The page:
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(The IBM 1401 has)
Meaningful 1 Character Op-Codes

E-mails early February 2011

Table of Contents:

Digital computers are in general rather user unfriendly machines
  • They talk binary - you and I talk decimal
  • The codes that tell the machine what to do next (the "Op-Codes) are almost always in Octal or Hex. If you don't know what these are, consider yourself one of the unwashed - and go back to the cave or bar.
  • The Op-Codes make no sense at all - even the architect has to memorize them.

EXCEPT the IBM 1401

Fran Underwood, 'chief' (only ;-) architect, made decisions such as op-codes -
He wanted to make a simple, understandable machine so that people who have been "programming" unit record equipment

  • planning data flow
  • wiring unit record equipment plug-boards
  • "pushing cards"
    for years could understand what the 1401 was being instructed to do with out constantly referring to a cheat sheet.
  • maybe they could even also "program" this new machine (1401) :-))
    Every Op-Code is a printable character (no illegal or blank)

    This is one of the joys of working with a 1401 -
    You can look at memory, or a printed memory dump, and understand op-codes :-))

    In an e-mail to Fran Underwood, Robert Garner commented
    "Was it "fun" or frustrating selecting the one character opcodes?
    A for Add, B for branch, M for move are obvious, but I can't see the logic in some:
    ? for zero and add, ! for zero and subtract, Q for store A reg, lozenge for clear word mark.
    Where you torn on some of the assignments?"

    Fran Underwood responded
    Well, there were a limited set of printable characters to choose from. I started with what I thought were the most important, most used operations and assigned the most mnemonic characters to them. After those were used up, I tried to do the best I could, but the effort proved to be too much and I had to resort to 'eeny-meenee-minee-moe'. The Op codes 1-9 makes sense to me, since 1, 2, 4 could combine for the various combinations of Read, Print and Punch. I'd be interested in hearing a better assignment of codes. With the advent of HHLs. the assignment became moot, though still useful when trouble-shooting.

    IBM 1401 OpCodes, Van Snyder's remarks
     , is natural for word mark.
     lozenge, the empty box, is natural for clear word mark.
     A is natural for add.
     B is natural for branch.
     C is natural for compare.
     D is natural for move digit.
     E is natural for edit.
     F is natural for forms control.
     J is natural for jump (1410).
     L is natural for load.
     M is natural for move.
     N is natural for NOP.
     S is natural for subtract.
     T is natural for translate (1460).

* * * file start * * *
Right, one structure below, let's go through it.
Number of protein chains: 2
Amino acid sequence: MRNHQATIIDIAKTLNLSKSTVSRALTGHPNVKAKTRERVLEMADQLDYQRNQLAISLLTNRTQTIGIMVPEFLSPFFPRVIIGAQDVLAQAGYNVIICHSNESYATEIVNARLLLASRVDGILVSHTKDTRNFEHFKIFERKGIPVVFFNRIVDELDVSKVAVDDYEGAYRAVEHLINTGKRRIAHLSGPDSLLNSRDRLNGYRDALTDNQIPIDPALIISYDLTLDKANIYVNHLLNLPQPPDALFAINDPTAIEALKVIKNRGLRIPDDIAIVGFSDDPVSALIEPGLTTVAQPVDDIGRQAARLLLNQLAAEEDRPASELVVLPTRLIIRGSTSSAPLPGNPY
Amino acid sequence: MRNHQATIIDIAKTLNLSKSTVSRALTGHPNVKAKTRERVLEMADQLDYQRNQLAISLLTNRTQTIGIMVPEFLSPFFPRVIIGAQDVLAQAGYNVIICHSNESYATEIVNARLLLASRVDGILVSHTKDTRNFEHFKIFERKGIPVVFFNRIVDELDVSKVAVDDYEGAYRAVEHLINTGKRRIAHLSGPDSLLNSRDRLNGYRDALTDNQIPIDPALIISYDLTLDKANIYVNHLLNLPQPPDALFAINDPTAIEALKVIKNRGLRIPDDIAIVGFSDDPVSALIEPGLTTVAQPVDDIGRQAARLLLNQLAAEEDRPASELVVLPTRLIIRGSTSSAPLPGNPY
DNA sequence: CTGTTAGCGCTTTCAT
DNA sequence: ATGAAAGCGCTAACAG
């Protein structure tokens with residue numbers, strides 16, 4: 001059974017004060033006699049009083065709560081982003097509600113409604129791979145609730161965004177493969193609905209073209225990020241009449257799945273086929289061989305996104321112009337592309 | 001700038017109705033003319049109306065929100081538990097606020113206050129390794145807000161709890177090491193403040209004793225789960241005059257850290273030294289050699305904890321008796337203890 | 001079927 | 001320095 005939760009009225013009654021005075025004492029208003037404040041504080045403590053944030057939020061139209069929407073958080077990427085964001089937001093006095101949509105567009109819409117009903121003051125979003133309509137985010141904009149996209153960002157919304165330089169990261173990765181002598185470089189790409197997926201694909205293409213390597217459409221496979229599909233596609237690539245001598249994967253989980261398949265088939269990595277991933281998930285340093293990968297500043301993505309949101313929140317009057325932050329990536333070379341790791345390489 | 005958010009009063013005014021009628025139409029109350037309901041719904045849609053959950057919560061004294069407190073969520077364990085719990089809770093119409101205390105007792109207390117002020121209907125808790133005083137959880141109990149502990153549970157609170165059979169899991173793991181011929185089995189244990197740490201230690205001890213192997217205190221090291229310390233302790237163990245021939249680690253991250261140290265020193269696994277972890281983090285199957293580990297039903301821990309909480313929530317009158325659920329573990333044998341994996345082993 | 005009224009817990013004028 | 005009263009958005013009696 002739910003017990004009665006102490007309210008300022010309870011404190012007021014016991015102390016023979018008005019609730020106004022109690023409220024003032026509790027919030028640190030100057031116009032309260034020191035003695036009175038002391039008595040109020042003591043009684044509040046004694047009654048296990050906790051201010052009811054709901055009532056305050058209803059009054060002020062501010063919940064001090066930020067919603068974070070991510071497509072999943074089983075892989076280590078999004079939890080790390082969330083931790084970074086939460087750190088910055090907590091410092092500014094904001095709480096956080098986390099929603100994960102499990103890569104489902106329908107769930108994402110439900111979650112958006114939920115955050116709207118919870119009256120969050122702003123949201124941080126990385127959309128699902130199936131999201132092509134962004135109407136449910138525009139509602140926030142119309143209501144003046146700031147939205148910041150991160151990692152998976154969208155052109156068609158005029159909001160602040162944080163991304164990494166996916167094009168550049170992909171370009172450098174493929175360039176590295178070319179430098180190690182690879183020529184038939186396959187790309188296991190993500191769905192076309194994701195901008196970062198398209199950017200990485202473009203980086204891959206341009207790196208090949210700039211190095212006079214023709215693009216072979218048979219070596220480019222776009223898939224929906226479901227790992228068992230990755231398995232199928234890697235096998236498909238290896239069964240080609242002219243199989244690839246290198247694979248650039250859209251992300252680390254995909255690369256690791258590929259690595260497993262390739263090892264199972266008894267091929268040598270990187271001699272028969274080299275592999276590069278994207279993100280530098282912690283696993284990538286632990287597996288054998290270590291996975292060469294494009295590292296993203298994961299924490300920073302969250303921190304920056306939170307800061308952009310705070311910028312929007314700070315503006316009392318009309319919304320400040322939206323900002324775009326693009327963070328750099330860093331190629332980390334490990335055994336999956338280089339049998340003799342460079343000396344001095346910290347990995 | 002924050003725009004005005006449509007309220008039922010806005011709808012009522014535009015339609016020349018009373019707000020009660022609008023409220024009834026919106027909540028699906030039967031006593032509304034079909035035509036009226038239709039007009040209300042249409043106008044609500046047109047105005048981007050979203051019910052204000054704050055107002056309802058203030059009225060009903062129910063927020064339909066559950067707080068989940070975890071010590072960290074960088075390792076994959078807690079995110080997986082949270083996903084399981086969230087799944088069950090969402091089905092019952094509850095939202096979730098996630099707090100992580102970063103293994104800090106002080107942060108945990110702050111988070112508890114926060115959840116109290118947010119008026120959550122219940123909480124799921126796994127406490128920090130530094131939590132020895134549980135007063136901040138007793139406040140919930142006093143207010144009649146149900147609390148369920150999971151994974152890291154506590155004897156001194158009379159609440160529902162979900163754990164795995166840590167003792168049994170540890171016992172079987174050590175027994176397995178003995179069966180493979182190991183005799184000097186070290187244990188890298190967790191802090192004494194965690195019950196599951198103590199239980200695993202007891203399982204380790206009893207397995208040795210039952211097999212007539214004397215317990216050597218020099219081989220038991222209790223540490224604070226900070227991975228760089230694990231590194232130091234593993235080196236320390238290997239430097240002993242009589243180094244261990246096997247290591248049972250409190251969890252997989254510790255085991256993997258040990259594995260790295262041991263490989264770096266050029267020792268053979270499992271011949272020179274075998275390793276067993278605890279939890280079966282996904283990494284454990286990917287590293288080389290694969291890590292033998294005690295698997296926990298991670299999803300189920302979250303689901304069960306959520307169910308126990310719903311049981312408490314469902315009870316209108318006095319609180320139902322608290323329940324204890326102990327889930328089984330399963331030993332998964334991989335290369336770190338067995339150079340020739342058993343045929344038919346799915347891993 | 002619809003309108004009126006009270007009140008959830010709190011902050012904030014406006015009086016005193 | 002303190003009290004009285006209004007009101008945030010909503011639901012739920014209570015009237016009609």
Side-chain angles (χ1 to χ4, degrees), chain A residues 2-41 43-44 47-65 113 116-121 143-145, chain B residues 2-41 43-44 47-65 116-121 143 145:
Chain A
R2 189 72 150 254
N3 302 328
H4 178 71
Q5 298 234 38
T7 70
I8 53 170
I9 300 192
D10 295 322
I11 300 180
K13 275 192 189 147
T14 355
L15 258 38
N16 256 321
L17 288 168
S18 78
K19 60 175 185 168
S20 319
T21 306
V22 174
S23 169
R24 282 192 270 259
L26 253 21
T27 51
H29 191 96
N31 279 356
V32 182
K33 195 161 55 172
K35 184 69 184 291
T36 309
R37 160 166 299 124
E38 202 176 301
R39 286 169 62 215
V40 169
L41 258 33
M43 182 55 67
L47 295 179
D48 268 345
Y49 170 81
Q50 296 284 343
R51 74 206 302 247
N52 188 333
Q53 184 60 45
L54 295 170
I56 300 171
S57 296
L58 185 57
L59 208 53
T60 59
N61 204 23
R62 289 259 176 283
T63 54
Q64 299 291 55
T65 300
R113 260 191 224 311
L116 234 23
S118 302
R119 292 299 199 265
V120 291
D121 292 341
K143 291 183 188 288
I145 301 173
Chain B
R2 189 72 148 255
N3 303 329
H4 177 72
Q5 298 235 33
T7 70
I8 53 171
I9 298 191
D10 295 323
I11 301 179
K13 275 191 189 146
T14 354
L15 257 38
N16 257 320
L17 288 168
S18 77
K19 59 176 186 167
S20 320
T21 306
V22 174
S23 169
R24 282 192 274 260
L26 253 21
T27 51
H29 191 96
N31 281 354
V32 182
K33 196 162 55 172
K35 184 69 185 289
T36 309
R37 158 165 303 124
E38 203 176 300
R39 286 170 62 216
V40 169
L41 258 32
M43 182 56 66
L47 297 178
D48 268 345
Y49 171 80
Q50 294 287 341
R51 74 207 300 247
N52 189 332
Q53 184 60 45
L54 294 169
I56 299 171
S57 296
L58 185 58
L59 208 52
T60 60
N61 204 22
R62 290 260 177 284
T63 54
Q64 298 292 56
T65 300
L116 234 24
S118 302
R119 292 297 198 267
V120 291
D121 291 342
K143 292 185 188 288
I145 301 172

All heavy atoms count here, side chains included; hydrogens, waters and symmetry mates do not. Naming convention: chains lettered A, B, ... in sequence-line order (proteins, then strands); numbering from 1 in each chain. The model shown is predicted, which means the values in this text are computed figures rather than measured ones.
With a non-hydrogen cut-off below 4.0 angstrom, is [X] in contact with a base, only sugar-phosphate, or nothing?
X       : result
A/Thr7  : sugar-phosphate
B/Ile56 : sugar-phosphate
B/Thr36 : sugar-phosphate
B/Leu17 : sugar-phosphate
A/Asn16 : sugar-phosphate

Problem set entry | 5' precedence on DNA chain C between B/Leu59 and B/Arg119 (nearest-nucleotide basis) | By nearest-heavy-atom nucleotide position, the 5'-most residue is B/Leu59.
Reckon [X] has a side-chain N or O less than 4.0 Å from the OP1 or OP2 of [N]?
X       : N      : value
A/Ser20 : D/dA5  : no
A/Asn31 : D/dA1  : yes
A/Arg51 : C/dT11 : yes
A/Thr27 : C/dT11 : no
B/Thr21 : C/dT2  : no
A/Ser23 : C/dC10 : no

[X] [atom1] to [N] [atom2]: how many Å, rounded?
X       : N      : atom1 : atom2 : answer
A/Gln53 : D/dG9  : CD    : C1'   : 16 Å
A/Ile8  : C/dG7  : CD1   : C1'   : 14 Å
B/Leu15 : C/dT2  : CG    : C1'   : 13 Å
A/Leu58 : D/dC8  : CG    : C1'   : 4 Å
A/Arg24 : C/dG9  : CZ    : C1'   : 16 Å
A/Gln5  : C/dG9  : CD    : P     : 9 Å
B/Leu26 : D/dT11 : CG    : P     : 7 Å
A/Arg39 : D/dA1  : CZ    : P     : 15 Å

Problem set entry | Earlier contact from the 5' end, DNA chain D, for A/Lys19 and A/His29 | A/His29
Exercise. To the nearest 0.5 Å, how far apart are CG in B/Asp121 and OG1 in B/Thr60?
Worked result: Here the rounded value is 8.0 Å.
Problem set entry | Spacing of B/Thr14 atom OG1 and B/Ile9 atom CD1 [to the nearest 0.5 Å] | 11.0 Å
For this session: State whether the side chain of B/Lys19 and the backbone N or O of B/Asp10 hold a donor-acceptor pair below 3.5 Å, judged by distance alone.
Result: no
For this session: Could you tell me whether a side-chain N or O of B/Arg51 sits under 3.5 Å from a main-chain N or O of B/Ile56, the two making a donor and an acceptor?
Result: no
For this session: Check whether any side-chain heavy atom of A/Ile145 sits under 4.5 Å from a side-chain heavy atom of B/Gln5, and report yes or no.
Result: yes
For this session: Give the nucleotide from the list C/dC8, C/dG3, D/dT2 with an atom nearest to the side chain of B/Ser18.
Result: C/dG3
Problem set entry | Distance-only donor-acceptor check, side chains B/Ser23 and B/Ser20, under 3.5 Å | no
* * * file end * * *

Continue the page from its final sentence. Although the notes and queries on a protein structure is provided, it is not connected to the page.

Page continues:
Z is natural for move and suppress zeroes.
     ? is CBA82, or +0, natural for zero and add.
     ! is B82, or -0, natural for zero and subtract.
       (the Fortran II floating-point package used these to
       remember signs).
     H for store B register?
     K for select stacker (and many other arcane things)?
     P for move record?
     Q for store A register?
     V for branch if word mark or zone?
     W for branch bit equal?
     X for move and insert zeros?
     Y for move zone?
     1-7 for unit-record I/O?
     8 for start read feed?
     9 for start punch feed?

    Jud McCarthy, who was there :-)), comments
    Robert: Just a fun comment. When we were developing the 1401, we workers called the lozenge "the sucked in box" as it was a square with all four sides sucked in. As mentioned ..., it was used to clear word marks. I remember using it when putting together test code for the Print Edit feature, designed by Dick Bennet, with direction from Fran. ---- Jud

    Van Snyder comments further
    I agree with Fran. I think I arrived at the same conclusions Fran did, concerning the obvious ones. Fran invented them, I just observed the logic behind it. I should have been less laconic about the ones for which I just wrote question marks. What I had in mind was "What else could be done?"
    H for store B register?  - B was already taken.
    K for select stacker (and many other arcane things)? 
           - S was already taken.
    P for move record?  M was already taken.  
           - Maybe R would have been better?
    Q for store A register?  A was already taken.
    V for branch if word mark or zone?  
           - B and Z were already taken.
    W for branch bit equal?  B was already taken.
    X for move and insert zeros?  Z was already taken.  
           - Maybe I would have been better?
    Y for move zone?  Z was already taken.
    1-7 for unit-record I/O?